Compelling photos whose color, composition, and subjects invite lingering attention.

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Touching the Hem of Heaven

A MEMOIR OF REDEMPTION IN NEPAL

Text and photographs document the author’s 2010 trip to Nepal, undertaken in hopes of escape and discovery.

For Desind (Lost in Language, 2015, etc.), 2010 was difficult. Donald, his partner of 17 years, died suddenly from an undiagnosed heart condition. The relationship had been crumbling after years of diminished intimacy, and Desind was looking for a new attachment, but Donald’s death was a shock. Desind’s parents both faced serious health problems, too. Nepal represented at first an escape into the exotic as well as a chance for Desind to experiment with his new camera equipment and get over his shyness in asking people’s permission to take their photos. Some of Desind’s concerns in Nepal, like whether the new man in his life texted him back, loom very small in the post-earthquake context of this book; that said, his extraordinary photographs command attention. Each photograph is one to spend time with. They benefit from Desind’s decision to “tell a story of color and stolen moments surrounded by chaos” in a place where a town might look like “a wedding cake placed none too gently on a pile of trash.” This choice allows Desind to show off his talented eye for composition, color, and the telling juxtaposition. In one photo, a boy with thick, unruly curls and huge dark eyes stares calmly to the side; his T-shirt reads, “NATURE.” In another, a tiny store selling Pepsi is visible in the background behind the corner of a worn building traversed by colorful prayer flags. In the foreground runs the blurry shadow of a baboon. One breathtaking photo depicts an elaborately carved wooden doorway in a stone building. A sadhu’s dark-skinned legs furred with white hair rest on the stone sill, his body invisible in the interior darkness; all is brown, black, and gray but for a glimpse of worn textile with pops of ochre and plum. The effect is both dignified and homely. Moral issues are inherent to photography, and Desind deals with the issues thoughtfully, for example, showing children hard at work but also their bright-eyed exuberance.

Compelling photos whose color, composition, and subjects invite lingering attention.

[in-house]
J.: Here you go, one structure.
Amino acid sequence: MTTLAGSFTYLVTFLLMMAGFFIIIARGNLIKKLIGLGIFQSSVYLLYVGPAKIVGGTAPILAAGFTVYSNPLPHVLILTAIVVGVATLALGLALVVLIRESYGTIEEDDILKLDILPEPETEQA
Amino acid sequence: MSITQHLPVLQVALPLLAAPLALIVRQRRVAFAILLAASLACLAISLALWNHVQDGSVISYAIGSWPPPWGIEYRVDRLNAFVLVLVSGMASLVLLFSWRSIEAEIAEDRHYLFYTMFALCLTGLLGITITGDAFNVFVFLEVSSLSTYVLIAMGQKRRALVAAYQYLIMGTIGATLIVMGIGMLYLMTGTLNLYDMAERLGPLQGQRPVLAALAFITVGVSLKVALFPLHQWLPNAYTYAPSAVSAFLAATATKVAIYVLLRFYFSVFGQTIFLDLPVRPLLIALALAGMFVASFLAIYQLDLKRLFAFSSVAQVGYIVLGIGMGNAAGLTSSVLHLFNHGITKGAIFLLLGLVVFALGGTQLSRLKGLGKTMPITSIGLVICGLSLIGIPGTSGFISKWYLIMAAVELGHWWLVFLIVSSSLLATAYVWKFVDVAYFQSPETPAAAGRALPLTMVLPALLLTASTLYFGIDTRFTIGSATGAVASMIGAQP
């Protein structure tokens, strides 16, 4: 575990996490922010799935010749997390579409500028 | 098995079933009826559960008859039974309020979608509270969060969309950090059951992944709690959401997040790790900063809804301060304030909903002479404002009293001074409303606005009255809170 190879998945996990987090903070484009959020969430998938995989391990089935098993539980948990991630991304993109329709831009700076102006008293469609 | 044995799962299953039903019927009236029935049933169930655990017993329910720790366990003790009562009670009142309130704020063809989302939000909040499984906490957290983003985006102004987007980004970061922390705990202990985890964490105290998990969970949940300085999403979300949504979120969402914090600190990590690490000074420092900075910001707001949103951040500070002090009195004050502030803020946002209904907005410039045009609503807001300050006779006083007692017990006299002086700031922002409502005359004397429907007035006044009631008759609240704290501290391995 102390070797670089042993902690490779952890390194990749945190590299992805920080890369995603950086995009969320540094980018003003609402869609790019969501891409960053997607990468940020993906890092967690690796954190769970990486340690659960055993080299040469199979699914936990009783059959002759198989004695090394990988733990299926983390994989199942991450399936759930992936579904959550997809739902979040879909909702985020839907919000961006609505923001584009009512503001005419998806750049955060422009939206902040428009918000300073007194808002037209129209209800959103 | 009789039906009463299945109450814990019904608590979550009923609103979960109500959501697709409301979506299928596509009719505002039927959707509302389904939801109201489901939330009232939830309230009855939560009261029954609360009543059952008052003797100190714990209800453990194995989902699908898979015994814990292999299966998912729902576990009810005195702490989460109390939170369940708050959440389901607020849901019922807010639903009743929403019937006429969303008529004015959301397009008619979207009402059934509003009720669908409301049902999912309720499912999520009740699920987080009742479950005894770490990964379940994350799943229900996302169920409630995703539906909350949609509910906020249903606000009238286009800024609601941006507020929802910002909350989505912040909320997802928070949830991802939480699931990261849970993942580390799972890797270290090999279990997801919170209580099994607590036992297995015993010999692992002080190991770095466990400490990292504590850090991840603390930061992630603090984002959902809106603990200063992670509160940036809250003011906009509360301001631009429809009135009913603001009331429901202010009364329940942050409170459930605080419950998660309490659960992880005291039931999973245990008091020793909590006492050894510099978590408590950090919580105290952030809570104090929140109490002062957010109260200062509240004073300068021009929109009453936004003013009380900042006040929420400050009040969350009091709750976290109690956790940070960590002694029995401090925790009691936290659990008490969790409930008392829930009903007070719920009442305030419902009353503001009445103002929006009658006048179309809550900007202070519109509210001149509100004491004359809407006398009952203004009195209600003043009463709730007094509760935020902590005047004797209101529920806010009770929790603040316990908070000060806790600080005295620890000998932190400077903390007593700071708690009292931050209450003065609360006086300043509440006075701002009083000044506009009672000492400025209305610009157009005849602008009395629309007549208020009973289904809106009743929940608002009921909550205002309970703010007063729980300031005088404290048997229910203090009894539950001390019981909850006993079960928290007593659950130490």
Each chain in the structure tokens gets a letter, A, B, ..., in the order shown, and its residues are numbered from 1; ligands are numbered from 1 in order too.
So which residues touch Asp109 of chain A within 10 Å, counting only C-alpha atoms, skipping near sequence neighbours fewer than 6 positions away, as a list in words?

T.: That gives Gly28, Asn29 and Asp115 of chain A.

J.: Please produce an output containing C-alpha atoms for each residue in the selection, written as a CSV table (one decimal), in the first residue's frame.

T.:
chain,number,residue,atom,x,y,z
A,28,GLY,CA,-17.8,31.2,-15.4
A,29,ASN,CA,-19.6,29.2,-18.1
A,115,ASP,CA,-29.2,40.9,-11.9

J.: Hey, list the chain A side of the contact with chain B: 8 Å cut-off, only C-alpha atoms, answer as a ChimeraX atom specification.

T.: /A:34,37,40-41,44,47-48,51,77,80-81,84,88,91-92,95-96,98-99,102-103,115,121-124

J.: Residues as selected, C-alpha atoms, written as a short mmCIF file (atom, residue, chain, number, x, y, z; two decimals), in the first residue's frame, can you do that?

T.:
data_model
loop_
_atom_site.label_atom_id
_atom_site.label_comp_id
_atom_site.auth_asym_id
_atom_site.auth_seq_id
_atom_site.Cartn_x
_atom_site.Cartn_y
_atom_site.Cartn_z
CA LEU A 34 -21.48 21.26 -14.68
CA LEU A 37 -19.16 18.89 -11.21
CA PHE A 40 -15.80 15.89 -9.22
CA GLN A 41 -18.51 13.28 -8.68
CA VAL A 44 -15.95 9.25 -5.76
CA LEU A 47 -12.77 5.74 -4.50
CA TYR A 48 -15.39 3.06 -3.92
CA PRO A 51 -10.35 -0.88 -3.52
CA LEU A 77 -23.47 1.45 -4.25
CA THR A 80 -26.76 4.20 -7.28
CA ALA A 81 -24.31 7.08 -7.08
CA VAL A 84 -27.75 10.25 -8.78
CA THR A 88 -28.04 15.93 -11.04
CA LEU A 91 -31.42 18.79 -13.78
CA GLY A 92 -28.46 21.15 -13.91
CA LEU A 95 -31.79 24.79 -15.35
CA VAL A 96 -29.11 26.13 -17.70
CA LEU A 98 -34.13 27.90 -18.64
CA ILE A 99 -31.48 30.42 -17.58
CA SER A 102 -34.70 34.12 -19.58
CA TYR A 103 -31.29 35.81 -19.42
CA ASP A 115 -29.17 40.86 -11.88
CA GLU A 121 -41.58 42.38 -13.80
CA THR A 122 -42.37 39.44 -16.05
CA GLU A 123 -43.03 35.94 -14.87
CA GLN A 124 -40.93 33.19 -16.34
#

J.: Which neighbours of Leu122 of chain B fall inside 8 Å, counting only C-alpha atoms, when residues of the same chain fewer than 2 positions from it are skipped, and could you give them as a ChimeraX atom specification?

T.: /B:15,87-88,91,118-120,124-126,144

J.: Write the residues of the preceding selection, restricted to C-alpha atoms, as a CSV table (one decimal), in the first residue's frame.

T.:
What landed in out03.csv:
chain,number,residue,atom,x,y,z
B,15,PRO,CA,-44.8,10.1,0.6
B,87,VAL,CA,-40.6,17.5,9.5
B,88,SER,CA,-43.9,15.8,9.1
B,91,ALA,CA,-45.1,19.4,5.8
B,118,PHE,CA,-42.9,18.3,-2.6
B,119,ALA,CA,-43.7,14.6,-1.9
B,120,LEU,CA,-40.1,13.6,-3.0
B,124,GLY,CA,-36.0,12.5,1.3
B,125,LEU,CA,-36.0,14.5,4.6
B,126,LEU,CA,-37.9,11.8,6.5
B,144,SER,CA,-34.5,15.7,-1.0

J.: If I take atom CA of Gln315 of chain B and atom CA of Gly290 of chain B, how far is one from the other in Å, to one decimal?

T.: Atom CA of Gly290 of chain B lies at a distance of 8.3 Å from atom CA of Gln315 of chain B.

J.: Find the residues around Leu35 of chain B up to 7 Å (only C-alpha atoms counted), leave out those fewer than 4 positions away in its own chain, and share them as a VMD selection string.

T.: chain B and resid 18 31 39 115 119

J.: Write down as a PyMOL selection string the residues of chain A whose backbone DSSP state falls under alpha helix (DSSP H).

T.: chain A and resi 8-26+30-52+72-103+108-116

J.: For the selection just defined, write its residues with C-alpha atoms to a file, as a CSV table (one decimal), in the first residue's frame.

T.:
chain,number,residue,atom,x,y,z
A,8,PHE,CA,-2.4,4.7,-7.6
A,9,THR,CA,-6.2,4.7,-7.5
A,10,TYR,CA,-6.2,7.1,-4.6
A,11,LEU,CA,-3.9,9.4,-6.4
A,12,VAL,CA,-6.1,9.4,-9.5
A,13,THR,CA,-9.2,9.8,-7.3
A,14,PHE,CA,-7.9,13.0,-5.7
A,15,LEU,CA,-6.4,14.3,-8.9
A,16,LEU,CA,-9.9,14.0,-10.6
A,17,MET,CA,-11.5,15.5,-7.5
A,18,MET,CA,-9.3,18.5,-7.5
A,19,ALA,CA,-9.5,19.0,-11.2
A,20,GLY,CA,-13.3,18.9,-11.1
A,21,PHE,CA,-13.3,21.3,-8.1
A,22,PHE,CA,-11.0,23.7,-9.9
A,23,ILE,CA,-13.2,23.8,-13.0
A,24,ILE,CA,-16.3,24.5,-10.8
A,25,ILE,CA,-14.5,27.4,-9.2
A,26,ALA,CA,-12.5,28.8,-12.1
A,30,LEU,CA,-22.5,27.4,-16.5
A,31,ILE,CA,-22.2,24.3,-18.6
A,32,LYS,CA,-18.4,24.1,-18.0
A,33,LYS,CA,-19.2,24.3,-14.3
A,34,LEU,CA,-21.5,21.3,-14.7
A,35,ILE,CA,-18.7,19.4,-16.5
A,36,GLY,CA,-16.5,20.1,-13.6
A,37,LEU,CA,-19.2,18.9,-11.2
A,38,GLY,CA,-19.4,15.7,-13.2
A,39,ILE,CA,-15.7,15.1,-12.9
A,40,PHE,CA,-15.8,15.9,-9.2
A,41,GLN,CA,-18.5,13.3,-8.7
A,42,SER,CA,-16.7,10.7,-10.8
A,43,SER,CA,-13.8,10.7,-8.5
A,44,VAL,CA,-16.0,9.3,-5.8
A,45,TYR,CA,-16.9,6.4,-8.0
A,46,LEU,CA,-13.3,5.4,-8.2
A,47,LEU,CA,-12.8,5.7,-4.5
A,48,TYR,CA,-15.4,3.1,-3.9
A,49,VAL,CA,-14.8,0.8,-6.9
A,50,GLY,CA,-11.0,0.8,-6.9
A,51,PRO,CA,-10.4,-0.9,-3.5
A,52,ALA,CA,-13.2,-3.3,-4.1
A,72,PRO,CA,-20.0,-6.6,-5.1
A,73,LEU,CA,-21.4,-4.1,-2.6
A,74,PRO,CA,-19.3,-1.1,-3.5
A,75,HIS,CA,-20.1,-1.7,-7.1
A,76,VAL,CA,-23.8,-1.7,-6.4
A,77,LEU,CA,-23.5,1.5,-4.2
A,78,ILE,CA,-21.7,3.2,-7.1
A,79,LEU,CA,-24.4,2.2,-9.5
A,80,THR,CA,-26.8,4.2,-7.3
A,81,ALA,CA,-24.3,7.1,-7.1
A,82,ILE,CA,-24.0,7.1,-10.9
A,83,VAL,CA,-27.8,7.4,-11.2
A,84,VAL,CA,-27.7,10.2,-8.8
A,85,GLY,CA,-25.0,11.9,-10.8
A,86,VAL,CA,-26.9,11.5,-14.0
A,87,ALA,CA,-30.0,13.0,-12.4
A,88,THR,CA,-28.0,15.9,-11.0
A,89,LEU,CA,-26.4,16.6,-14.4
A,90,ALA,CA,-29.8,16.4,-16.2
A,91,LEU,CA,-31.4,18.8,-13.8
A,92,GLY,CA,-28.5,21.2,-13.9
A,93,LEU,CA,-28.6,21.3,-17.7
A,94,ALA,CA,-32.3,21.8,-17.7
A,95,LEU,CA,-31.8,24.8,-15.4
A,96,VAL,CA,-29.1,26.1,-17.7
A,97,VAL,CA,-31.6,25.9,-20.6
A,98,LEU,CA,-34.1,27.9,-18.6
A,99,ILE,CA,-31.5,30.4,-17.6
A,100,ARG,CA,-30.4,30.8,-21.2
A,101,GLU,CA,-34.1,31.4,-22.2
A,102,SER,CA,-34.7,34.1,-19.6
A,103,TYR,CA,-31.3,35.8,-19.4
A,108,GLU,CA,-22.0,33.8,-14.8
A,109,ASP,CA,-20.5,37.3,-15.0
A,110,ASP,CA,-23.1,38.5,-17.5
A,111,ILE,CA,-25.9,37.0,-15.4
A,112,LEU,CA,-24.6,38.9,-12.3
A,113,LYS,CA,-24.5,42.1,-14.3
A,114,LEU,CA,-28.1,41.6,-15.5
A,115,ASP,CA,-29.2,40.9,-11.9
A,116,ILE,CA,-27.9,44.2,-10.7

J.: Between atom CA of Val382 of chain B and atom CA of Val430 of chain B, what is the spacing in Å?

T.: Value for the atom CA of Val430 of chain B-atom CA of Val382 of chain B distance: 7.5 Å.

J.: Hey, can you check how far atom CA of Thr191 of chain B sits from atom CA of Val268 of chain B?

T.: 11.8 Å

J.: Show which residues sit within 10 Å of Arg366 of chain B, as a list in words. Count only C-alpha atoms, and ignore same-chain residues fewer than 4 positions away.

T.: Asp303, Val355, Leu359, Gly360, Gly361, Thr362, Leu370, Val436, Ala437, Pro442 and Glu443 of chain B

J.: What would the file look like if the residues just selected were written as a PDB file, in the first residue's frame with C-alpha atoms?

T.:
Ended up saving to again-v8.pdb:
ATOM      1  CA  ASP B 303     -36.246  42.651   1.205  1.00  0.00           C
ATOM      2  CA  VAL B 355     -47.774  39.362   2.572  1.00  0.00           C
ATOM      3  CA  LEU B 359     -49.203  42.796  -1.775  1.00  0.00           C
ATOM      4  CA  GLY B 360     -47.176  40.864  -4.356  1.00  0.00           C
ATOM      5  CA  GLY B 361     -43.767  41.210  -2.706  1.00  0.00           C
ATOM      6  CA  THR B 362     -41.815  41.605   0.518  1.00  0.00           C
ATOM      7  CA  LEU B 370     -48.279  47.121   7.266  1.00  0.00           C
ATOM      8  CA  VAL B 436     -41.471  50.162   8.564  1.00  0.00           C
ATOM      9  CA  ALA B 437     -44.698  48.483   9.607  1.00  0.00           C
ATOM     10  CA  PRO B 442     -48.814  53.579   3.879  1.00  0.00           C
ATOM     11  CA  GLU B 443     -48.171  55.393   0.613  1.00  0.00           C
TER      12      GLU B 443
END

Pub Date: July 1, 2015

ISBN: 978-0-692-47898-1

Page Count: 230

Publisher: Pride Enterprises

Review Posted Online: Aug. 25, 2015

Kirkus Reviews Issue: Oct. 1, 2015

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Stricter than, say, Bergen Evans or W3 ("disinterested" means impartial — period), Strunk is in the last analysis...

THE ELEMENTS OF STYLE

50TH ANNIVERSARY EDITION

Privately published by Strunk of Cornell in 1918 and revised by his student E. B. White in 1959, that "little book" is back again with more White updatings.

Stricter than, say, Bergen Evans or W3 ("disinterested" means impartial — period), Strunk is in the last analysis (whoops — "A bankrupt expression") a unique guide (which means "without like or equal").

Pub Date: May 15, 1972

ISBN: 0205632645

Page Count: 105

Publisher: Macmillan

Review Posted Online: Oct. 28, 2011

Kirkus Reviews Issue: May 1, 1972

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Analyzing his craft, a careful craftsman urges with Thoreauvian conviction that writers should simplify, simplify, simplify.

SEVERAL SHORT SENTENCES ABOUT WRITING

New York Times columnist and editorial board member delivers a slim book for aspiring writers, offering saws and sense, wisdom and waggery, biases and biting sarcasm.

Klinkenborg (Timothy; or, Notes of an Abject Reptile, 2006), who’s taught for decades, endeavors to keep things simple in his prose, and he urges other writers to do the same. (Note: He despises abuses of the word as, as he continually reminds readers.) In the early sections, the author ignores traditional paragraphing so that the text resembles a long free-verse poem. He urges readers to use short, clear sentences and to make sure each one is healthy before moving on; notes that it’s acceptable to start sentences with and and but; sees benefits in diagramming sentences; stresses that all writing is revision; periodically blasts the formulaic writing that many (most?) students learn in school; argues that knowing where you’re headed before you begin might be good for a vacation, but not for a piece of writing; and believes that writers must trust readers more, and trust themselves. Most of Klinkenborg’s advice is neither radical nor especially profound (“Turn to the poets. / Learn from them”), and the text suffers from a corrosive fallacy: that if his strategies work for him they will work for all. The final fifth of the text includes some passages from writers he admires (McPhee, Oates, Cheever) and some of his students’ awkward sentences, which he treats analytically but sometimes with a surprising sarcasm that veers near meanness. He includes examples of students’ dangling modifiers, malapropisms, errors of pronoun agreement, wordiness and other mistakes.

Analyzing his craft, a careful craftsman urges with Thoreauvian conviction that writers should simplify, simplify, simplify.

Pub Date: Aug. 7, 2012

ISBN: 978-0-307-26634-7

Page Count: 224

Publisher: Knopf

Review Posted Online: May 14, 2012

Kirkus Reviews Issue: June 15, 2012

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